SACRIFICE IS THE UNDERCURRENT THEME
There is a certain level of awe and reverence when you see Captain America (Steve Rogers) and Black Panther (King T’Challa) charge ahead of their army during the battle in Wakanda. In their most selfless moments, heroes represent the best of humanity. Infinity War raises a question of the tough calls they’re willing to make for the greater good and each one comes with a different approach.
As the bearer of the mind gem, Vision expressed his willingness to sacrifice his life to which Rogers responded with, “We don’t trade lives.” Vision counteracts him with something like, “What is the difference of sacrificing my life when you’ve laid your life years ago?” referring to Cap’s heroism in World War II. It’s a moment of epiphany for Rogers, that his life alone is not enough when the stakes are this high. It all traces back to a statement he said to Tony in Civil War, “This job… we try to save as many people as we can. Sometimes that doesn’t mean everybody. But if we can’t find a way to live with that, next time… maybe nobody gets saved.” Vision makes his choice and Rogers has to go along with that sooner.
Vision’s girlfriend, Wanda Maximoff, realizes the same sacrifice she has to make but it is a little too late by then. Their love ultimately becomes the universe’s undoing and they ended up in a ‘damned if you do, doomed if you don’t’ situation. Wanda obliterates the stone but Thanos reverts back the time and takes it from Vision’s forehead anyway, effectively killing him for the second time. Wanda has to go through the pain of killing Vision, all while blaming herself for not doing it any sooner.
And this is also the exact same thing that happened for another tragic love arc of Gamora and Peter Quill. After the two finally expressed their love for each other, Quill with Gamora’s plea, makes a promise to kill her should Thanos get to them. Quill is no stranger to heartbreak as he has lost his mother before and in GOTG Vol. 2, his adoptive father Yondu. Now, the person he loves the most asks him to kill her. Hence, when the time comes to do the deed, his first instinct is to run away from it. His hesitation takes it toll and in the end, Gamora dies anyway and Quill still loses everything.
Now for Tony Stark, earlier in the film, he’s flirting on the notion of settling down and raising a kid of his own. His girlfriend Pepper Potts thinks it’s impossible with the arc reactor still attached to his chest, signifying that as long as he’s Iron Man, he can’t have a normal life. With perfect timing, Doctor Strange appears and presents Earth’s latest danger to him and once again, Stark has to set aside Pepper for greater interests at hand.
Fast forward to the aftermath of the battle on planet Titan, as his friends around him start to disintegrate into ashes, young Peter Parker’s (Spider-Man) death takes the heaviest toll because Tony has almost developed a father-son relationship with him in Homecoming. Spider-Man’s precognitive spider-senses allows him to feel his death coming a couple of seconds away and with that, we are served with that tear-jerking scene of a scared teenager clinging to his father figure in his last moments. In the end, the young lad decides to man up and apologizes to Stark for failing their mission.
It is Tony, however, who feels that he failed him and the entire universe. A decade ago, he gives up his normal life to pursue the ‘Avengers Initiative’. Was it all for nothing now that he lost? It is tragic to see yourself spared in the wake of your friends’ deaths. Maybe if he swallowed his ego and called Steve for them to secure Vision and his mind stone even earlier, things would have turned out different. The thing is, every hero came up short at some point.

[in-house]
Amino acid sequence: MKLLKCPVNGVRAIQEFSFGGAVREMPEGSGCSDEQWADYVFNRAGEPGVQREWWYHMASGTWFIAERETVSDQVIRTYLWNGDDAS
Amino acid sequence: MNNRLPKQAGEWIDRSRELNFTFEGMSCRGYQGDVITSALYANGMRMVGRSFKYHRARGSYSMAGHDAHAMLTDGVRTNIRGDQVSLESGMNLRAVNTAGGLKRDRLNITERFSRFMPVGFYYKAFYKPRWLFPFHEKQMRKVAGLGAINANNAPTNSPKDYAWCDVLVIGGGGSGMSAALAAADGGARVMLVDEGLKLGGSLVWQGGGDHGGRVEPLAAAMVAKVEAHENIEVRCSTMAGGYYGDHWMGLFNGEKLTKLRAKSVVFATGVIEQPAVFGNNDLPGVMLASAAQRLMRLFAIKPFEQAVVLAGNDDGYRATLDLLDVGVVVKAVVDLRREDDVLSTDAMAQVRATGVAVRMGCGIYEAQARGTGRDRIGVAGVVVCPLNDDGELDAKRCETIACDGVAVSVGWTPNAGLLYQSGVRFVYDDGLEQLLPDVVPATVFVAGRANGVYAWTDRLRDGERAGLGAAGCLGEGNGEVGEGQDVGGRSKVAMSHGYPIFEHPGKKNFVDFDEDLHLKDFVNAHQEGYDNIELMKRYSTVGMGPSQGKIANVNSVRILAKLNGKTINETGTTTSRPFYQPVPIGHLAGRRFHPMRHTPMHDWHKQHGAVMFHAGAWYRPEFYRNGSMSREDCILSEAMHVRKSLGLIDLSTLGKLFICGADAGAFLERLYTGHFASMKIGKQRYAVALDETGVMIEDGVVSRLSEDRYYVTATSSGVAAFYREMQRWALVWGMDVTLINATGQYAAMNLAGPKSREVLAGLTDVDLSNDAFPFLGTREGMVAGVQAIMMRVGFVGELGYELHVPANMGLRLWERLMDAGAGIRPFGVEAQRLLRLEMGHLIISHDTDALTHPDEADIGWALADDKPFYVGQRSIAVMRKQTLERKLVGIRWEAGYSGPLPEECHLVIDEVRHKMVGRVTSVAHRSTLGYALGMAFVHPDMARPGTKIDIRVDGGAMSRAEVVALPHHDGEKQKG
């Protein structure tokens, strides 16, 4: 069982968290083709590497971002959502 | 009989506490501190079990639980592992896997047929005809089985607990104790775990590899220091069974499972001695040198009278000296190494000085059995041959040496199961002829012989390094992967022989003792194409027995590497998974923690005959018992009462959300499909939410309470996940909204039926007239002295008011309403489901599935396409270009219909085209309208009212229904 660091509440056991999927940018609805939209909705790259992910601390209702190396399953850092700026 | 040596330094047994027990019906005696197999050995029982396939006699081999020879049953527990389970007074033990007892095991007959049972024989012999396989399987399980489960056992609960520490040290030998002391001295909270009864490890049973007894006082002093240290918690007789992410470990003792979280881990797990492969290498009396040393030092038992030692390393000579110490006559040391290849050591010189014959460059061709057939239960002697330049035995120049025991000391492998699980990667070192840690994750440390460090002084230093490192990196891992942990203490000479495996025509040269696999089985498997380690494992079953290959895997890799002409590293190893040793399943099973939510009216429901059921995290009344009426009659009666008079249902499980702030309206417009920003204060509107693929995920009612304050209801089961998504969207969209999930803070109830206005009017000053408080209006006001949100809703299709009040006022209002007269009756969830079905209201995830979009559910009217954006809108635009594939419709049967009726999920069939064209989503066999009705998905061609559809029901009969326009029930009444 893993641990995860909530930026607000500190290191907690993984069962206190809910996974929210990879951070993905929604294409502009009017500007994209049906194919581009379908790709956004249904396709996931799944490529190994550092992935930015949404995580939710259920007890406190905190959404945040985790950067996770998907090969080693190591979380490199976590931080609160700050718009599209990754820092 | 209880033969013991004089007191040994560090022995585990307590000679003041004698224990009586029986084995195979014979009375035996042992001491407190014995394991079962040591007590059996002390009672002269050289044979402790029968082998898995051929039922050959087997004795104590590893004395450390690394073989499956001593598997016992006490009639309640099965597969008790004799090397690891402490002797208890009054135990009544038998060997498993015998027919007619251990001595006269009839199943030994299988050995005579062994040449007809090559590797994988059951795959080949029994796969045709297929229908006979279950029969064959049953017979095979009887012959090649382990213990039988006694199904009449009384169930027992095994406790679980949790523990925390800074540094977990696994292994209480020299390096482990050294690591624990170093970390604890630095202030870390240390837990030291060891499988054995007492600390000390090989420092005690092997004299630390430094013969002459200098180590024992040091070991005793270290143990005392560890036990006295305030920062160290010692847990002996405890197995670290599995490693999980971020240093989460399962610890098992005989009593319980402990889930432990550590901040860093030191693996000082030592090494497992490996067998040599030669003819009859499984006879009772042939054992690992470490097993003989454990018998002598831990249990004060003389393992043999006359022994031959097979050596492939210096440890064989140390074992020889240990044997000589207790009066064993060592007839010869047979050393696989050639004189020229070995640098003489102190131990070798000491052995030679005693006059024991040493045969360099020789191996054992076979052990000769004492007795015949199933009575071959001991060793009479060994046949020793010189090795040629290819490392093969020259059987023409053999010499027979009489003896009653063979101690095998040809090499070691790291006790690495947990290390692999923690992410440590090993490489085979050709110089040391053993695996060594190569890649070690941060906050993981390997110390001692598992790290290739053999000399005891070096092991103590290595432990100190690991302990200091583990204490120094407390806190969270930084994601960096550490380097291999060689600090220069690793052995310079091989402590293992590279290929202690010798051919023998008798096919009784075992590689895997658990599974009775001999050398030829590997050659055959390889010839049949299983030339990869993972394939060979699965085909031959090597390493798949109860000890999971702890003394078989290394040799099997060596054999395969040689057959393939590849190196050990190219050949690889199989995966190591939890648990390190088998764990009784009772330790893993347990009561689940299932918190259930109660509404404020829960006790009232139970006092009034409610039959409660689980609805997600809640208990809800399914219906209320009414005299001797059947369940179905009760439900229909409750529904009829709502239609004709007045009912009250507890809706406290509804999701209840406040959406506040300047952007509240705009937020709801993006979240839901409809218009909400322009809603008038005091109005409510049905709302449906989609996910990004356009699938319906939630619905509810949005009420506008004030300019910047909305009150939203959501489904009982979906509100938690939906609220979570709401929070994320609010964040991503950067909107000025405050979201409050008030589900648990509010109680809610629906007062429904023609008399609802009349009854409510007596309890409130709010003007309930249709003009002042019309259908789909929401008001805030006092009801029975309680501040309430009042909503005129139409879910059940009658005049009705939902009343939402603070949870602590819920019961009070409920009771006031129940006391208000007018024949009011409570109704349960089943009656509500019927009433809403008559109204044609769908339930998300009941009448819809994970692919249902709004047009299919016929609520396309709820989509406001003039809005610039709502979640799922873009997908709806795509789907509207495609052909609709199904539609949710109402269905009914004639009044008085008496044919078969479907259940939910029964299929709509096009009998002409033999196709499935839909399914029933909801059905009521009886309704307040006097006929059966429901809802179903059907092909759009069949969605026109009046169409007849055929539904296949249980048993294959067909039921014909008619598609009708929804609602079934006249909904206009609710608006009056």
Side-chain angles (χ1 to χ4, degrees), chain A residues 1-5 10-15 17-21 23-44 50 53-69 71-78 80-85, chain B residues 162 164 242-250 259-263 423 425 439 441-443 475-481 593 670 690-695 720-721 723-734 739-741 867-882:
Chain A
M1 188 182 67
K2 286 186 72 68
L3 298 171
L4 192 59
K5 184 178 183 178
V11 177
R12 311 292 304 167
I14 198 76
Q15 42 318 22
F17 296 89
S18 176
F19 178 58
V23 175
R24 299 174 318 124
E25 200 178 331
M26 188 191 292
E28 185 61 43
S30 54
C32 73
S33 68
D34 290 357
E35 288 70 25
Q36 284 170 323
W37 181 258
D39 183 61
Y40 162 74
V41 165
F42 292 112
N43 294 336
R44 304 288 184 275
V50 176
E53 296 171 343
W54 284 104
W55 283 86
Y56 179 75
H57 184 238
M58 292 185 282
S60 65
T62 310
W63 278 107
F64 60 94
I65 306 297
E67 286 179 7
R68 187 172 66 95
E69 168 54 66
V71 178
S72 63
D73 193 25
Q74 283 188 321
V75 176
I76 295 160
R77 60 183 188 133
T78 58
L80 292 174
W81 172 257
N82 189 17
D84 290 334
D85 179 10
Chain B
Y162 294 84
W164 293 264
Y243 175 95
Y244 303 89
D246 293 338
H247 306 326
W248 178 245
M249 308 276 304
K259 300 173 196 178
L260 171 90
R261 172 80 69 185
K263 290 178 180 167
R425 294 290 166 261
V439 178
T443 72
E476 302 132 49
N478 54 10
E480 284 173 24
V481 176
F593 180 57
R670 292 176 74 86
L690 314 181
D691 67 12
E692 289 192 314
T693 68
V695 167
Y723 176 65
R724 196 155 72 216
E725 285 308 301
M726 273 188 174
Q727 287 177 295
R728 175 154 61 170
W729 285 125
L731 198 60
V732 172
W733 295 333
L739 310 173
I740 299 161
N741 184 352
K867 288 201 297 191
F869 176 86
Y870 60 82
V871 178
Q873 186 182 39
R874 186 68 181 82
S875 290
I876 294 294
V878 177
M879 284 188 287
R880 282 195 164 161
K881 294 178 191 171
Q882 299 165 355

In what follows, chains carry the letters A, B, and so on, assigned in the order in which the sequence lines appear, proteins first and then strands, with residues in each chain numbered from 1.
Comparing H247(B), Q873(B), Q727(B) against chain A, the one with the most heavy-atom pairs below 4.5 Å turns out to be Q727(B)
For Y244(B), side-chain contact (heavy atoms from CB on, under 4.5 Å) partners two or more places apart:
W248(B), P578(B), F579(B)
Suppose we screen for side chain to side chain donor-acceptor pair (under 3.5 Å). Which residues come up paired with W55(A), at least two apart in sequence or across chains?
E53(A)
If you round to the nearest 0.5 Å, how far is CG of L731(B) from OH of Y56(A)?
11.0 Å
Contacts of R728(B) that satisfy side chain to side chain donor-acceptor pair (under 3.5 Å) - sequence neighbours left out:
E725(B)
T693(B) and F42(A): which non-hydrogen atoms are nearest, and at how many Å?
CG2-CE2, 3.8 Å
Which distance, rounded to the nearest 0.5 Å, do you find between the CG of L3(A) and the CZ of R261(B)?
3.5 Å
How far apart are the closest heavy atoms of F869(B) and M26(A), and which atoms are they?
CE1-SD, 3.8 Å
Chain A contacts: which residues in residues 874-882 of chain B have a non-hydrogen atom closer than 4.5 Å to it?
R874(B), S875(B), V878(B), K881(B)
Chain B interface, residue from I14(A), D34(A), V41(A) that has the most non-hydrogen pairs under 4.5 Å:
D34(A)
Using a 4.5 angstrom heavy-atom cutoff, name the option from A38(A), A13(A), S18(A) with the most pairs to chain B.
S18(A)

Among the Avengers, Thor gets the most redemption and not just because the writers have finally figured out how to bring his comical side. He is indeed a funny character that we almost forget that he’s the one who has lost the most. In Dark World, he lost his mother Frigga. In Ragnarok, he lost his hammer ‘Mjolnir’, his home Asgard along with his friends Volstagg, Fandral and Hogun and his father Odin. And even before Infinity War’s title card flashes, Thanos kills half of the surviving Asgardians including his friend Heimdall and his reformed brother Loki. Actress Natalie Portman who plays Thor’s girlfriend Jane Foster might be done with Marvel so we can assume an unceremonious off-screen break-up here for plot purposes. Thor has all the reasons to curl up in the corner and cry, but he sees the bigger picture, gets himself a new eye (courtesy of Rocket) and acts on his plan immediately.
In a symbolic scene, Thor endures the rays of a dying star. He does the same thing with his pain: he he turns it into rage and fashions it into the Stormbreaker. Everyone in this film gives a part of themself to stop Thanos. (A literal case for Teen Groot who outgrows his uncaring attitude and cuts his arm to serve as the weapon’s handle.) Thor is the beacon of hope and resilience in this film… if only he aimed for Thanos’ head. He’s an inch away from becoming the biggest victor in this story.
Out of all the characters in this installment, its villain Thanos has the strongest hero arc/spiritual journey. The reason why he wins is that he has a steely-eyed passion to achieve his goal and most importantly, to quote Okoye, he never “freezes” when it’s time to make the ultimate sacrifice when most of our heroes hesitate to do so. As he snaps his fingers and erases half of the universe, a young Gamora appears in his vision and asks him what did it take. Thanos responds with “everything,” but whether the price was worth it is a question he can only answer for himself.